Opinion: IMF requirement on accounting for Georgia’s bitcoin mining income impossible



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Opinion: IMF requirement on accounting for Georgia’s bitcoin mining income impossible

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On the eve of the International Monetary Fund made a demand for the government of Georgia to take into account the income from mining in the reports on the country’s foreign trade balance.

According to the IMF, Georgia ranks fourth in terms of bitcoin mining and mining accounts for a significant share of its economy.

“Import of mining equipment is taken into account in the official statistics of the trade balance, but ignoring exports significantly distorts the overall picture,” the fund believes.

To assess this data on the sale of cryptocurrencies, the IMF has prepared a special questionnaire, which should guide the official departments of Georgia.

However, local experts deny the country’s leading position in the mining market.

“We are not in fourth place. God grant that on the tenth, and that is in question, ”said Alex Sudadze, founder and CEO of Bitcoin Embassy Georgia, in a commentary.

According to him, the fund’s initiative is meaningless, and now the Blockchain Association in Georgia is looking for experts who will be able to explain to the IMF the “real state of affairs”.

Experts are convinced that an attempt to take into account how much cryptocurrency Georgian companies and citizens of the country sell abroad is unlikely to succeed.

“There are many mining companies and individuals in Georgia that are not registered anywhere, and cryptocurrency exchanges often take place outside exchanges,” said Vakhtang Gogokhiya, the founder of green mining company Golden Fleece.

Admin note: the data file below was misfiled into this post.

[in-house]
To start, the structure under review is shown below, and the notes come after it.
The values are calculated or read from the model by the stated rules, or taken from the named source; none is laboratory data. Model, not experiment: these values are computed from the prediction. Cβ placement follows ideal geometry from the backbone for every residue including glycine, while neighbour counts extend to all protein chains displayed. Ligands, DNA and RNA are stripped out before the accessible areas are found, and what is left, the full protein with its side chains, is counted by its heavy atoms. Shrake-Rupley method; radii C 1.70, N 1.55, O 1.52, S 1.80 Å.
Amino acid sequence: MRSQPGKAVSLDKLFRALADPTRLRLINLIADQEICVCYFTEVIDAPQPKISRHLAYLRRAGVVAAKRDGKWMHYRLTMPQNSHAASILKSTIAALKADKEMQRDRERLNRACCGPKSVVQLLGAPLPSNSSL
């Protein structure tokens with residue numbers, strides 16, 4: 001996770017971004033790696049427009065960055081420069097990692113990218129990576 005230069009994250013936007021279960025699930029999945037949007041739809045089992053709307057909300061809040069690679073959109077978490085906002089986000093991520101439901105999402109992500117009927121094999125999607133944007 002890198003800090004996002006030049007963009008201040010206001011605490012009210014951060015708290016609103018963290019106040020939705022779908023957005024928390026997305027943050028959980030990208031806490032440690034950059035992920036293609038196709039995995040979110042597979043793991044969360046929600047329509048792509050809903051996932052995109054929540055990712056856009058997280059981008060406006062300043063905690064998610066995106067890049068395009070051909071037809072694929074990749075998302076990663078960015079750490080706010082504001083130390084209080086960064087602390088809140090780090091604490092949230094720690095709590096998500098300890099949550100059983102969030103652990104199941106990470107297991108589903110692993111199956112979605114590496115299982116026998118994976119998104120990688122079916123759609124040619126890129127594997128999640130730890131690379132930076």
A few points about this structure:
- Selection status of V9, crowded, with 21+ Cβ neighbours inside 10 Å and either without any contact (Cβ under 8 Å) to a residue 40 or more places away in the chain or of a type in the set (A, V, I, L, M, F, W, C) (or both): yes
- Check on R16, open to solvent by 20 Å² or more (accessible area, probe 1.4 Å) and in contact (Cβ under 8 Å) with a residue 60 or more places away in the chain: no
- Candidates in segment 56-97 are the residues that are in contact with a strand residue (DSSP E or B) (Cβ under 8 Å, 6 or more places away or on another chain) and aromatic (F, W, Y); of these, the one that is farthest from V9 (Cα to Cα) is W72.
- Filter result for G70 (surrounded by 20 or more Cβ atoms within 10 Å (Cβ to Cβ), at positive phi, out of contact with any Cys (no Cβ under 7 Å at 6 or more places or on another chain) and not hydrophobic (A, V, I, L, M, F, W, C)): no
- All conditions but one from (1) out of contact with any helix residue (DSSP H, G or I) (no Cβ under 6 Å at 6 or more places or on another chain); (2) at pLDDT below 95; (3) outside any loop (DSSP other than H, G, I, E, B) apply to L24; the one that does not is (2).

There is no mechanism for identifying private miners in the country, agrees Giorgi Avaliani, representative of the Birtvi blockchain company.

“Technically, implementing the IMF requirements is very difficult, because the government will not be able to fix exactly who is engaged in mining, what is their turnover and where do they sell their bitcoins. Reliable information about this will only come from a few large companies that operate in the country, ”he said.

The IMF pilot project so far concerns only two large mining companies, confirms Vakhtang Gogokhiya.

“Information is requested from the“ daughter ”of emoney.ge, the cryptocurrency exchange MyCoins.ge, as well as the mining company Bitfury. But to audit the information they provide will be quite difficult, ”he points out.

Currently, there are two energy-saving Bitfury data centers in Georgia with a total capacity of over 60 MW. According to local experts, this represents 4% of the total electricity consumption in the country.

The company recognizes itself as the largest Bitcoin miner in Georgia, without disclosing, however, hash rates.

Representatives of Bitfury did not comment on how the IMF initiative will affect their activities, promising to later issue an official statement on this subject.

requested comments from the cryptocurrency exchange MyCoins.ge, however, at the time of the release of the material, it did not receive a response.

Opinion: IMF requirement on accounting for Georgia’s bitcoin mining income impossible



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